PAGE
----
So far, Russia is one of the most anti-bitcoin countries, considering the fact that they have extensive legislation in place, meant to discourage the use of bitcoin and other cryptocurrencies.
Recent reports indicate that the Russian government is now threatening to ban bitcoin, considering the fact that a total of 6.9% of Russians are using the digital currency. The numbers come from a recent survey, carried out by a Slovakian Internet security company, known by the name of ESET.
The ESET survey was carried out by comparing various payment methods such as credit cards, PayPal, debit cards, payment on delivery and Bitcoin, thanks to which, the company managed to come to the conclusion that at this moment in time, Russians are 4-5 times more likely to use the cryptocurrency as a form of payment when compared to users in other countries, such as Germany, the US and the UK.
The actual boost in bitcoin love, over in Russia, started out in late 2014, when Russians begin tinkering with the idea of using bitcoin, as the value of the ruble collapsed, due to the strong western economic sanctions imposed upon the country.
Currently, the Kremlin is worried that a continuous use of cryptocurrencies will increase criminal activity, such as money laundering, terrorism financing and more. This is why, the government believes that an absolute ban upon the currency will be beneficial for the country. So far, they have been threatening to ban bitcoin for around a year, and it turns out that the regime’s goal is to prohibit Russians from exchanging bitcoin to ruble and vice versa.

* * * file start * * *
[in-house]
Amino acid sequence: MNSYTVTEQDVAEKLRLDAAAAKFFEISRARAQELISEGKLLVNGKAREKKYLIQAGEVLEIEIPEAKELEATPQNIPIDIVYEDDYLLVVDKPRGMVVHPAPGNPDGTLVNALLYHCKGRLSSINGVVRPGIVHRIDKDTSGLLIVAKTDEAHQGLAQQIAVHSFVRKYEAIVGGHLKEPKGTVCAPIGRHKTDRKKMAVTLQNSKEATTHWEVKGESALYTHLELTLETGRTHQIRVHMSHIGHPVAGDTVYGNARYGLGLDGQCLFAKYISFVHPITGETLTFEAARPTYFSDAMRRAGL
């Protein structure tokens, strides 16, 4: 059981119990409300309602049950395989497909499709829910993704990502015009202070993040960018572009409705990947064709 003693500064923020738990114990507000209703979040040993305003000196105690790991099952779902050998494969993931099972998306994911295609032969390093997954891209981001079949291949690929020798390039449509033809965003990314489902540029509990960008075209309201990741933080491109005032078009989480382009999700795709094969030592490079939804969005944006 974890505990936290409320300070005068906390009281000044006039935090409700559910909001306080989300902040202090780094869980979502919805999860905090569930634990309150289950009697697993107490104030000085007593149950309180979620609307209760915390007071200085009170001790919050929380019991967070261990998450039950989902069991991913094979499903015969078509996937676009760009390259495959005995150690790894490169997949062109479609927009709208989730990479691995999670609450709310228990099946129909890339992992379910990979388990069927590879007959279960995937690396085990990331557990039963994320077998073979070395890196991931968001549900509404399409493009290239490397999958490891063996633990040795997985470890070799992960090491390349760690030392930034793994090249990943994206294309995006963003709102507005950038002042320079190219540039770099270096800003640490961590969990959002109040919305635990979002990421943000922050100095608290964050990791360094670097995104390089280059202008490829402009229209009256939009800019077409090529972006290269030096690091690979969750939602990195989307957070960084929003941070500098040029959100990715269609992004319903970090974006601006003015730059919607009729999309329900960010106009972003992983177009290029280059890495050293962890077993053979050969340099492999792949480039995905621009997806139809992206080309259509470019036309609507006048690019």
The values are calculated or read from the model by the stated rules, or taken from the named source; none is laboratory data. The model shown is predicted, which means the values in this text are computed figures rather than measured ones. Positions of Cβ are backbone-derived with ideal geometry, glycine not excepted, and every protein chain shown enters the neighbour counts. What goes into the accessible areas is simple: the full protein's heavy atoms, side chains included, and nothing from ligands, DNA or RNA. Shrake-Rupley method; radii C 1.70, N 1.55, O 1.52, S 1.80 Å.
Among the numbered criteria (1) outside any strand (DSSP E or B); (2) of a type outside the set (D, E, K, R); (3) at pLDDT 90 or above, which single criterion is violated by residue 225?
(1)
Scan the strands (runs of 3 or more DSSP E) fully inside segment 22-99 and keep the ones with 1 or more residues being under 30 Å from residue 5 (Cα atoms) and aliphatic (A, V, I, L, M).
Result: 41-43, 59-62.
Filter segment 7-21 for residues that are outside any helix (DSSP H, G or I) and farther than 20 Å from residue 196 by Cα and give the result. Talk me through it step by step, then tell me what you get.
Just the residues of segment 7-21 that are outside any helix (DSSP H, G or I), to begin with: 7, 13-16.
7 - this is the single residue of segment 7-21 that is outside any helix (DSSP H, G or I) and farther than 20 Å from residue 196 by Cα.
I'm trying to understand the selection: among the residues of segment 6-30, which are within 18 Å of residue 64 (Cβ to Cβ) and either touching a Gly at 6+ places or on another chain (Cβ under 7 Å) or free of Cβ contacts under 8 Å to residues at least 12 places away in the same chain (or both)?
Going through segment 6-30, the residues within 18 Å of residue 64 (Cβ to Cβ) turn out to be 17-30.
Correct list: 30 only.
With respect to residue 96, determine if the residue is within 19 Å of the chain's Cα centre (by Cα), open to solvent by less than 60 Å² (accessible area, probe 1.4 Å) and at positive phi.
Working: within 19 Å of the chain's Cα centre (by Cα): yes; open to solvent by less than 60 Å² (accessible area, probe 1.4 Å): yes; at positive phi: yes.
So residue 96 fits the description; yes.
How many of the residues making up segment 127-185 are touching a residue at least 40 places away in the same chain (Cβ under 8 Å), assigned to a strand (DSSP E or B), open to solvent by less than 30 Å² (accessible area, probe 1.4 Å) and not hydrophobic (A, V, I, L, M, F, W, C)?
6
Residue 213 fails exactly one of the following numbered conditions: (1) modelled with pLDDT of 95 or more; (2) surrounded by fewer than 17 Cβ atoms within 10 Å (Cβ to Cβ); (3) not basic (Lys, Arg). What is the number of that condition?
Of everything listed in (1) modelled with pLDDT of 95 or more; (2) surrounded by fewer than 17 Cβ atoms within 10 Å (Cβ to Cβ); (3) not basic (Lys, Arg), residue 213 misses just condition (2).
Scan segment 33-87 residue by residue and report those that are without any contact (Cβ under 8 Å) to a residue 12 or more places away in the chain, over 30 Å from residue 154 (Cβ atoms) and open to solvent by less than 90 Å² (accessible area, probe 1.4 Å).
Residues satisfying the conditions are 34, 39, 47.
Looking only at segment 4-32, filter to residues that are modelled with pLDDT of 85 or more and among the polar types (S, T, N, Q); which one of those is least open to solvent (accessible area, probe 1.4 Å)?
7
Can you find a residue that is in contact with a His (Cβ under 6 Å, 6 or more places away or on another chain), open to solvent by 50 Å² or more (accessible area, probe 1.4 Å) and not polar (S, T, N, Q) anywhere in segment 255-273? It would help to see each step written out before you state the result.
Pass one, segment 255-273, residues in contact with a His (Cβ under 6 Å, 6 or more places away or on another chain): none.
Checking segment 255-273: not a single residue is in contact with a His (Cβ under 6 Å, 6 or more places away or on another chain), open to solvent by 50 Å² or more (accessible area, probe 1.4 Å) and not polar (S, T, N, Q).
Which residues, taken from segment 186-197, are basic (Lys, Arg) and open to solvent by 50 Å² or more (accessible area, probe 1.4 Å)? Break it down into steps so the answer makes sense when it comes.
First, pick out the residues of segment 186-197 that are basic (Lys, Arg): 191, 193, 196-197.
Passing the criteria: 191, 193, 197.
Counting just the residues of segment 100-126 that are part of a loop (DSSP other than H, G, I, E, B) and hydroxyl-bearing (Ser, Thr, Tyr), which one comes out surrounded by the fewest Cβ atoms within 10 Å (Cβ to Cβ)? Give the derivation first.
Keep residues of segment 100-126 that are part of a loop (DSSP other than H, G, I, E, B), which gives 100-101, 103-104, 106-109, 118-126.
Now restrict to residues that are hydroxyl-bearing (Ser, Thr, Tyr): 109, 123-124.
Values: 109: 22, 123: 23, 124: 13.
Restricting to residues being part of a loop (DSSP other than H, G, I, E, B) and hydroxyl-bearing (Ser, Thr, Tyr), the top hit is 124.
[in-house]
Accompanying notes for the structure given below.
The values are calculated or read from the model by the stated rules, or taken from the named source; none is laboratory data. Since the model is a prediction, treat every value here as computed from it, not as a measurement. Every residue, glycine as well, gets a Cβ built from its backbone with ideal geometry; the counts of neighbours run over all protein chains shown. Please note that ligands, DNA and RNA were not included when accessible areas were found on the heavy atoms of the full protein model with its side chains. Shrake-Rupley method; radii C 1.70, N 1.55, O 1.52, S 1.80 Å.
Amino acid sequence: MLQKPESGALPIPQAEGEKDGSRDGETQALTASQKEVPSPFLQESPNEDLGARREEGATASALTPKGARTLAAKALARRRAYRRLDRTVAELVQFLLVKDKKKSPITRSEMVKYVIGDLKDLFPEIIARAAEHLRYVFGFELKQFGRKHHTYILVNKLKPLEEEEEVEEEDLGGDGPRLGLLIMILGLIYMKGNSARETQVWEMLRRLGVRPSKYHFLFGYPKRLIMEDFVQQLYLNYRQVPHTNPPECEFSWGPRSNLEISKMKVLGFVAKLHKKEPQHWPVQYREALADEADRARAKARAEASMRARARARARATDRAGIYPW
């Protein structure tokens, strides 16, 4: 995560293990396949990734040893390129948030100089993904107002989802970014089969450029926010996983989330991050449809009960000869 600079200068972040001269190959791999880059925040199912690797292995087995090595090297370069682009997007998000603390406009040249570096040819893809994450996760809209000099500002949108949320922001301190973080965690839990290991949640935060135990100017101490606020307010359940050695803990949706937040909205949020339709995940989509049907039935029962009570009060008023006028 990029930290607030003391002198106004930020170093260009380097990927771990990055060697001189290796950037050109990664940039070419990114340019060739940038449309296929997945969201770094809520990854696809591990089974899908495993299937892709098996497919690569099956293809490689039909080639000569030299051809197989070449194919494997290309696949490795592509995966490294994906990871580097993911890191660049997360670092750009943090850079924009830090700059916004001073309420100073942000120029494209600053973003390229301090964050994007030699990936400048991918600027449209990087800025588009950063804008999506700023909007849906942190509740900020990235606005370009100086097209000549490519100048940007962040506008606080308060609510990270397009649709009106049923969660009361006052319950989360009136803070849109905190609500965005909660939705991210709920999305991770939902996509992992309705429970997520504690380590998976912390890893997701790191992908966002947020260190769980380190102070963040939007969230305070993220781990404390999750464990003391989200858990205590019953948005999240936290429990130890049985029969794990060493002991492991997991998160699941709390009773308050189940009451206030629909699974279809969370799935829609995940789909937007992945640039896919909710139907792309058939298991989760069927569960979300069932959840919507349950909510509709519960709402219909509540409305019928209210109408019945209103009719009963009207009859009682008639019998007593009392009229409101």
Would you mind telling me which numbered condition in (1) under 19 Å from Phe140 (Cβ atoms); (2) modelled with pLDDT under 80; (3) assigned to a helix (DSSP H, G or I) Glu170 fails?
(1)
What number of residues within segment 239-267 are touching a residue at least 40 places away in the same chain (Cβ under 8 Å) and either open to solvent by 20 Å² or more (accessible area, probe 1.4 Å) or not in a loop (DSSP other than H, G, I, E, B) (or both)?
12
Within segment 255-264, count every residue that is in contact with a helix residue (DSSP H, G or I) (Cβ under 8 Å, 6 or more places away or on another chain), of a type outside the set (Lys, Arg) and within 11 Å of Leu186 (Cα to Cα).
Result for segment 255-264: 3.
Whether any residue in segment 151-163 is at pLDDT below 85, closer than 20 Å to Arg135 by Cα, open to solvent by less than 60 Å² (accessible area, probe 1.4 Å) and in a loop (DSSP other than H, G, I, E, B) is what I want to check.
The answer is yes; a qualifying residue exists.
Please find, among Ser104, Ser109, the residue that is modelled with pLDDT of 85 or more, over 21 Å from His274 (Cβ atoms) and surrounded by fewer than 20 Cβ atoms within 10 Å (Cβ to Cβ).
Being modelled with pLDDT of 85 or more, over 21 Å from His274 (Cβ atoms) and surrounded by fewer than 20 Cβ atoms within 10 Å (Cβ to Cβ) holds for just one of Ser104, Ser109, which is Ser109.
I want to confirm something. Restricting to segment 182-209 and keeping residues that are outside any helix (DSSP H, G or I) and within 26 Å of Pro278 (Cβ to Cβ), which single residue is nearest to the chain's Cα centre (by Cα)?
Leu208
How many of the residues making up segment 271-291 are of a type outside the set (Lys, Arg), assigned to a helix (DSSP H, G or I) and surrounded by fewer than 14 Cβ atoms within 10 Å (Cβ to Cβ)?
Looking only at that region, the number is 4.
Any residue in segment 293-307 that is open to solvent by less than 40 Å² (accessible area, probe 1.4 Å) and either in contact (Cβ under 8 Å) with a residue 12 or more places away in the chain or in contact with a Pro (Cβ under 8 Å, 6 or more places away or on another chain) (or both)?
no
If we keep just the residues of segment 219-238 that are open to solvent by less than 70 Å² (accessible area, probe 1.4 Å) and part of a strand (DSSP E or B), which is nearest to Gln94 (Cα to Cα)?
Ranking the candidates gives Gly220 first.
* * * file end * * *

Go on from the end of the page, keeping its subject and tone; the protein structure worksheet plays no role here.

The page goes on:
Together with this, earlier this year, Russia’s media regulator, has gone ahead and blacklisted a couple of international bitcoin resource websites, such as Bitcoin.org, the Russian Btcsec.com, but also wiki information site bitcoin.it and a couple of exchanges. These moves have angered bitcoin users throughout the country, thus sparking a couple of online groups against the government’s move.
In case the Russian government does end up banning the cryptocurrency, it’s important to note that this won’t be the first time that they have done it. In fact, Bitcoin was banned throughout Russia, during the Sochi Olympics that took place in February 2014.
Based on everything that has been outlined so far, what do you think about the measures being taken against the digital currency in Russia? What should be done to stop such measures from being taken in other countries as well? Let us know your thoughts in the comment section below.